- Associated Press - Wednesday, October 19, 2011

ZANESVILLE, Ohio (AP) — Homeowners took cover indoors Wednesday as sheriff’s deputies with high-powered rifles hunted down and killed dozens of lions, bears, tigers and other exotic beasts that escaped from a wild-animal park after the owner threw their cages open and committed suicide.

After an all-night hunt that extended into the afternoon, nearly all of the 50 or so escaped animals had been either gunned down or captured alive, authorities said. As of midafternoon, the only animals still on the loose were a wolf and a monkey, according to the sheriff’s office.

As the big-game hunt went on, schools closed in the mostly rural area of widely spaced homes 55 miles east of Columbus. Parents were warned to keep children and pets indoors. Flashing signs along highways told motorists, “Caution exotic animals” and “Stay in vehicle.”

“It’s like Noah’s ark, like, wrecking right here in Zanesville, Ohio,” said Jack Hanna, a TV personality and former director of the Columbus Zoo. “Noah’s ark filled with tigers and lions and all leopards and a few monkeys and whatever, and it crashes here, and all of a sudden they’re out there.”

Officers were under orders to shoot to kill for fear that animals hit with tranquilizer darts would run off and hide in the darkness.

A dead lion lies by the fence on Terry Thompson's wild-animal preserve near Zanesville, Ohio, on Tuesday, Oct. 18, 2011. (AP Photo/Heather Ellers and Dustin Burton)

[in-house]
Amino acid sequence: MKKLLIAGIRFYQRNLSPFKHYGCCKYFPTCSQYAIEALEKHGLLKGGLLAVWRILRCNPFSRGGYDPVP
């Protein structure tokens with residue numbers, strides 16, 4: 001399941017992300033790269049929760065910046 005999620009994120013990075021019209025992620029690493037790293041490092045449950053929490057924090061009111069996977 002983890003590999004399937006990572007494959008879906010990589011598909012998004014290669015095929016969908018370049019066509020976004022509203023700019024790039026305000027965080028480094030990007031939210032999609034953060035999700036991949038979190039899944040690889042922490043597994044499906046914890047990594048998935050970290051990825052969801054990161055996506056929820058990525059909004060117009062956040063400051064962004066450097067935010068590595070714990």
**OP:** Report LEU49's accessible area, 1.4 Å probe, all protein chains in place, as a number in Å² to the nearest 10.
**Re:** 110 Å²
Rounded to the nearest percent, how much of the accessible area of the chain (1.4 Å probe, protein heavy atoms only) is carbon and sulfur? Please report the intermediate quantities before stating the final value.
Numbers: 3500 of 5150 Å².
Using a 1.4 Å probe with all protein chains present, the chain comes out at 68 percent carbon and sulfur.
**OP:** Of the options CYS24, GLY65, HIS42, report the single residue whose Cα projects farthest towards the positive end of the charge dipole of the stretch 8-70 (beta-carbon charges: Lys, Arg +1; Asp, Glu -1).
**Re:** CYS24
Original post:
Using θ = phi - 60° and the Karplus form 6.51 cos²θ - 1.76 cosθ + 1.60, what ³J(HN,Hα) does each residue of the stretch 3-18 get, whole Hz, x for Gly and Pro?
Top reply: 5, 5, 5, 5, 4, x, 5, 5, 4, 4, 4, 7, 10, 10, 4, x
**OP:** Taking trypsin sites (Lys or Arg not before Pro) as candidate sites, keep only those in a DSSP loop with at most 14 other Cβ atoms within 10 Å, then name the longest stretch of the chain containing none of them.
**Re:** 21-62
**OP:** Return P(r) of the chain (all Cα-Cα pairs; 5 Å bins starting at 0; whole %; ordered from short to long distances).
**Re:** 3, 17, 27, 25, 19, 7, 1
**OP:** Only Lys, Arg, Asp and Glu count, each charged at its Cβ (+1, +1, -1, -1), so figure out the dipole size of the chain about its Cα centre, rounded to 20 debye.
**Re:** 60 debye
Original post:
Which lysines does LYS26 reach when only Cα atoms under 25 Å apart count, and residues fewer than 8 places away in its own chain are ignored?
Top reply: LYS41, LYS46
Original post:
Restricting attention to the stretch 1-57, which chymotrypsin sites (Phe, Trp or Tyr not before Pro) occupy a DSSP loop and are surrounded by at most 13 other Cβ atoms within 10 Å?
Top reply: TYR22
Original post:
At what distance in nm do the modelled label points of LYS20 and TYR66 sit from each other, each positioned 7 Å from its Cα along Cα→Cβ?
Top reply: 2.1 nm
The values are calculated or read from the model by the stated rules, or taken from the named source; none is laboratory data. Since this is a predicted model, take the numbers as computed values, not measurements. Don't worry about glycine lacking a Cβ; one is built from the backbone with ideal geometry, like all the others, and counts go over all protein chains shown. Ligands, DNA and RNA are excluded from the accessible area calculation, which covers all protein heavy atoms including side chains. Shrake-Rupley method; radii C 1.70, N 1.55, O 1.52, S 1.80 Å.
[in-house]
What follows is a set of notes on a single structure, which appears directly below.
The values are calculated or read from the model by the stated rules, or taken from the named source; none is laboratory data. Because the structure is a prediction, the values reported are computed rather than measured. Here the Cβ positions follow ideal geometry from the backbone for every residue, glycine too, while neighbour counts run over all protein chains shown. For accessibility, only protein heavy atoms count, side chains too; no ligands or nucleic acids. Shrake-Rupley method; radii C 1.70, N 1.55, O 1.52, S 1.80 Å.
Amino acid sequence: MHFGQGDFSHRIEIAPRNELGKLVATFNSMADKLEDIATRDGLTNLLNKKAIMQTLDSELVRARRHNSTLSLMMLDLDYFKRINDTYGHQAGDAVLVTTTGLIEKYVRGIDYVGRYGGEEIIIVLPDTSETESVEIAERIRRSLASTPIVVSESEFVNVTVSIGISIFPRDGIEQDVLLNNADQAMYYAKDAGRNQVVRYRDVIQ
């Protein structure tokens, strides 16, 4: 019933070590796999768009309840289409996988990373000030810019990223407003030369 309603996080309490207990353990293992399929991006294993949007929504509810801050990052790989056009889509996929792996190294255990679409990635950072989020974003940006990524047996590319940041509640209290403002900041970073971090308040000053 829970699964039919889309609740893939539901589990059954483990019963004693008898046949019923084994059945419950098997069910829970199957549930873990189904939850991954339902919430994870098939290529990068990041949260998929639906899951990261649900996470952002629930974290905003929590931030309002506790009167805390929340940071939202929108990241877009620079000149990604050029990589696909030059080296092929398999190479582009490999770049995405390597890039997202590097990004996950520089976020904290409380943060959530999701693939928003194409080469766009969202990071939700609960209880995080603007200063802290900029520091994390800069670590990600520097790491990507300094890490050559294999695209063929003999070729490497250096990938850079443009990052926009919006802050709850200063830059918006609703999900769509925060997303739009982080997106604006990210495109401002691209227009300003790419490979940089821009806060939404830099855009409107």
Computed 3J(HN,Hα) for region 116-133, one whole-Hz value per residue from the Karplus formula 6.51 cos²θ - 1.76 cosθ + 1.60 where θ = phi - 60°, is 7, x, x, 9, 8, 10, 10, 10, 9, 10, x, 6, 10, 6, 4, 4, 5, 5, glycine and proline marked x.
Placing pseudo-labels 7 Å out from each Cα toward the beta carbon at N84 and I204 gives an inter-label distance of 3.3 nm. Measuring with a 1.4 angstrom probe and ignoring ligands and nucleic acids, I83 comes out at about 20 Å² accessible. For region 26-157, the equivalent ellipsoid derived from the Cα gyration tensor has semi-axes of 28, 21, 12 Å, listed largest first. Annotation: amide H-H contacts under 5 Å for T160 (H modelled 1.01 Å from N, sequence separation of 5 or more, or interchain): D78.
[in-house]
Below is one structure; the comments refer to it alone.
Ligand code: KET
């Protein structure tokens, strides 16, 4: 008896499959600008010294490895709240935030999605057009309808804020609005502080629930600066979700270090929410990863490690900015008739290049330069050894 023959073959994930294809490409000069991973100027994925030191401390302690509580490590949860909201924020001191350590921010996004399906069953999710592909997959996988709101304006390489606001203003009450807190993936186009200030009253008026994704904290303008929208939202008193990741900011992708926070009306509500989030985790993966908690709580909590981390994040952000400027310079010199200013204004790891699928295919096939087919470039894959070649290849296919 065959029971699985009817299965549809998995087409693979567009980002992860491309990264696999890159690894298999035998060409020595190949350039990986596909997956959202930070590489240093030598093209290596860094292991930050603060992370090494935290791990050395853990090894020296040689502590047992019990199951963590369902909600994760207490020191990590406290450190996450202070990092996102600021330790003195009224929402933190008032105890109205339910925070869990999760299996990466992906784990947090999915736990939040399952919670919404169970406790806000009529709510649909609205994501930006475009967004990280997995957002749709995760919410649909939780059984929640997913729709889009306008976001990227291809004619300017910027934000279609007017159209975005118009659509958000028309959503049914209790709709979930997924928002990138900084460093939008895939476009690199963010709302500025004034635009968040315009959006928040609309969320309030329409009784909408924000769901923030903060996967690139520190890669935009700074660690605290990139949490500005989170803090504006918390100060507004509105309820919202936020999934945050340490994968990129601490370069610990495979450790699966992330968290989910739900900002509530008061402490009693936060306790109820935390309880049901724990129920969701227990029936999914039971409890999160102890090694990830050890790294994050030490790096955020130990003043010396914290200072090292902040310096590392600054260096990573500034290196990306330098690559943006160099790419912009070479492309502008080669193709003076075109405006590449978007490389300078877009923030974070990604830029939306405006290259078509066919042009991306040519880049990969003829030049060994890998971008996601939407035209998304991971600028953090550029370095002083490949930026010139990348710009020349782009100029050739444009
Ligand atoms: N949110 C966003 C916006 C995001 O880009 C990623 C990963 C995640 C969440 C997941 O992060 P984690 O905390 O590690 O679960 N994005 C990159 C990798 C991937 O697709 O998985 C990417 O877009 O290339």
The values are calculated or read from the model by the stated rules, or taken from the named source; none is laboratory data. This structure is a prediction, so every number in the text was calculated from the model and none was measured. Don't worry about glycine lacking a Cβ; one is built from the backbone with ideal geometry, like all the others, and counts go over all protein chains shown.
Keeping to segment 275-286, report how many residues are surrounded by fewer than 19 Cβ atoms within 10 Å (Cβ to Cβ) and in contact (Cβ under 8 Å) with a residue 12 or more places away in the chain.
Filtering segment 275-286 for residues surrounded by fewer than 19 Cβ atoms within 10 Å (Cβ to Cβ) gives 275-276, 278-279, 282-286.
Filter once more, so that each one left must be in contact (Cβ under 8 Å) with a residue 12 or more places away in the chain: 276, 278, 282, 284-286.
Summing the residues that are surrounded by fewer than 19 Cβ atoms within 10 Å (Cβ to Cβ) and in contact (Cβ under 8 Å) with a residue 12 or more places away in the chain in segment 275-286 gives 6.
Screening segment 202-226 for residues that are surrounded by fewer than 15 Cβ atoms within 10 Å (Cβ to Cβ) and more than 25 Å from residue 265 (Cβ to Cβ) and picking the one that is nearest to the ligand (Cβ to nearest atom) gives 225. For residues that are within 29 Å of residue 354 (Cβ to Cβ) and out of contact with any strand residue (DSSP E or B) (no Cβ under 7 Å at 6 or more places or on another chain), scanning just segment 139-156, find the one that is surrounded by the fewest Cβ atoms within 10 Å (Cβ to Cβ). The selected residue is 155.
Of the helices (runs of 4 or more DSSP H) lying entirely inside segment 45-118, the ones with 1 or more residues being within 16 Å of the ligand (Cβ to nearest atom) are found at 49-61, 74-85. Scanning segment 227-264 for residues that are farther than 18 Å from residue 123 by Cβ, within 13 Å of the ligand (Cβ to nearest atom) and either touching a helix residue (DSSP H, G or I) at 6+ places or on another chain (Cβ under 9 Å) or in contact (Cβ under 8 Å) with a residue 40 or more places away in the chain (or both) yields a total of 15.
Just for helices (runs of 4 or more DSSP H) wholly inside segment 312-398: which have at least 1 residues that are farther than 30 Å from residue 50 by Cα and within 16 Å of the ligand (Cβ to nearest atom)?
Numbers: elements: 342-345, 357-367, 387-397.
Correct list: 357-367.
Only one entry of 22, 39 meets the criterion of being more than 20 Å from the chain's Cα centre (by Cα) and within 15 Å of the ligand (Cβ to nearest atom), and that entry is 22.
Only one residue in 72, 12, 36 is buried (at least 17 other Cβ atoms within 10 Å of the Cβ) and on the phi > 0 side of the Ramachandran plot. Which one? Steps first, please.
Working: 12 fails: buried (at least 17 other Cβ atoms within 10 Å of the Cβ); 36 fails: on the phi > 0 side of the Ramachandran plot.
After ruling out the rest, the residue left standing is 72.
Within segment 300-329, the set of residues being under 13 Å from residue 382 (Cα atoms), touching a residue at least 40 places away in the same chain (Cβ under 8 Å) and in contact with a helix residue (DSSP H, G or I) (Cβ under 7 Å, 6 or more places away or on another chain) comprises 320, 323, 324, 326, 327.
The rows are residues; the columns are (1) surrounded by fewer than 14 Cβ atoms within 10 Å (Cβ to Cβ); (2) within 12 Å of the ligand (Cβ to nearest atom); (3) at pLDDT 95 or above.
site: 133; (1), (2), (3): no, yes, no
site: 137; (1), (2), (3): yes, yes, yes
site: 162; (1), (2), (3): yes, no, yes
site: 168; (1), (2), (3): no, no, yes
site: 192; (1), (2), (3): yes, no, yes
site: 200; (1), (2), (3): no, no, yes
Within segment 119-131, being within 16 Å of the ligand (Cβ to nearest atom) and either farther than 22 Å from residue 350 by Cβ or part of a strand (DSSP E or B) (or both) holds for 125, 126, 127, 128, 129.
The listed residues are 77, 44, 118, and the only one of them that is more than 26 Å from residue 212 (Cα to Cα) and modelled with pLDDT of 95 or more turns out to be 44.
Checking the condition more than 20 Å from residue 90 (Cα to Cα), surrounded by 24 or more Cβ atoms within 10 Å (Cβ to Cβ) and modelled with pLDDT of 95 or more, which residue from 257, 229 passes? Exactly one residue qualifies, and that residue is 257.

A dead lion lies by the fence on Terry Thompson’s wild-animal preserve ... more >

The owner of the privately run Muskingum County Animal Farm, Terry Thompson, left the cages open and the fences unsecured before committing suicide, Sheriff Matt Lutz said. Authorities would not say how he killed himself, and Sheriff Lutz wouldn’t speculate on why he did it or why he went out with what appeared to be one last act of vengeance.

But Mr. Thompson had had repeated run-ins with the law and his neighbors, and Sheriff Lutz said his office had received numerous complaints since 2004 about animals escaping from the property. Mr. Thompson had gotten out of federal prison just last month after serving a year for possessing unregistered guns.

“This is a bad situation,” the sheriff said. “It’s been a situation for a long time.”

John Ellenberger, a neighbor of Mr. Thompson‘s, speculated he freed the animals to get back at neighbors and police.

“Nobody much cared for him,” Mr. Ellenberger said.

Neighbor Danielle White, whose father’s property abuts the 40-acre animal park, said she didn’t see loose animals this time but did in 2006, when a lion escaped.

“It’s always been a fear of mine knowing (the owner) had all those animals,” she said. “I have kids. I’ve heard a male lion roar all night.”

The sheriff said his office started getting calls Tuesday evening that wild animals were loose just west of Zanesville on a road that runs under Interstate 70. He said deputies with rifles went to the animal preserve, where they found Mr. Thompson dead and all the cages open. Several aggressive animals were near his body and had to be shot, the sheriff said.

Sheriff Lutz said his main concern was protecting the public in the area, where homes sit on large lots of sometimes 10 acres. Nearby Zanesville has a population of about 25,000.

Mr. Hanna defended the sheriff against criticism that the animals should have been captured alive.

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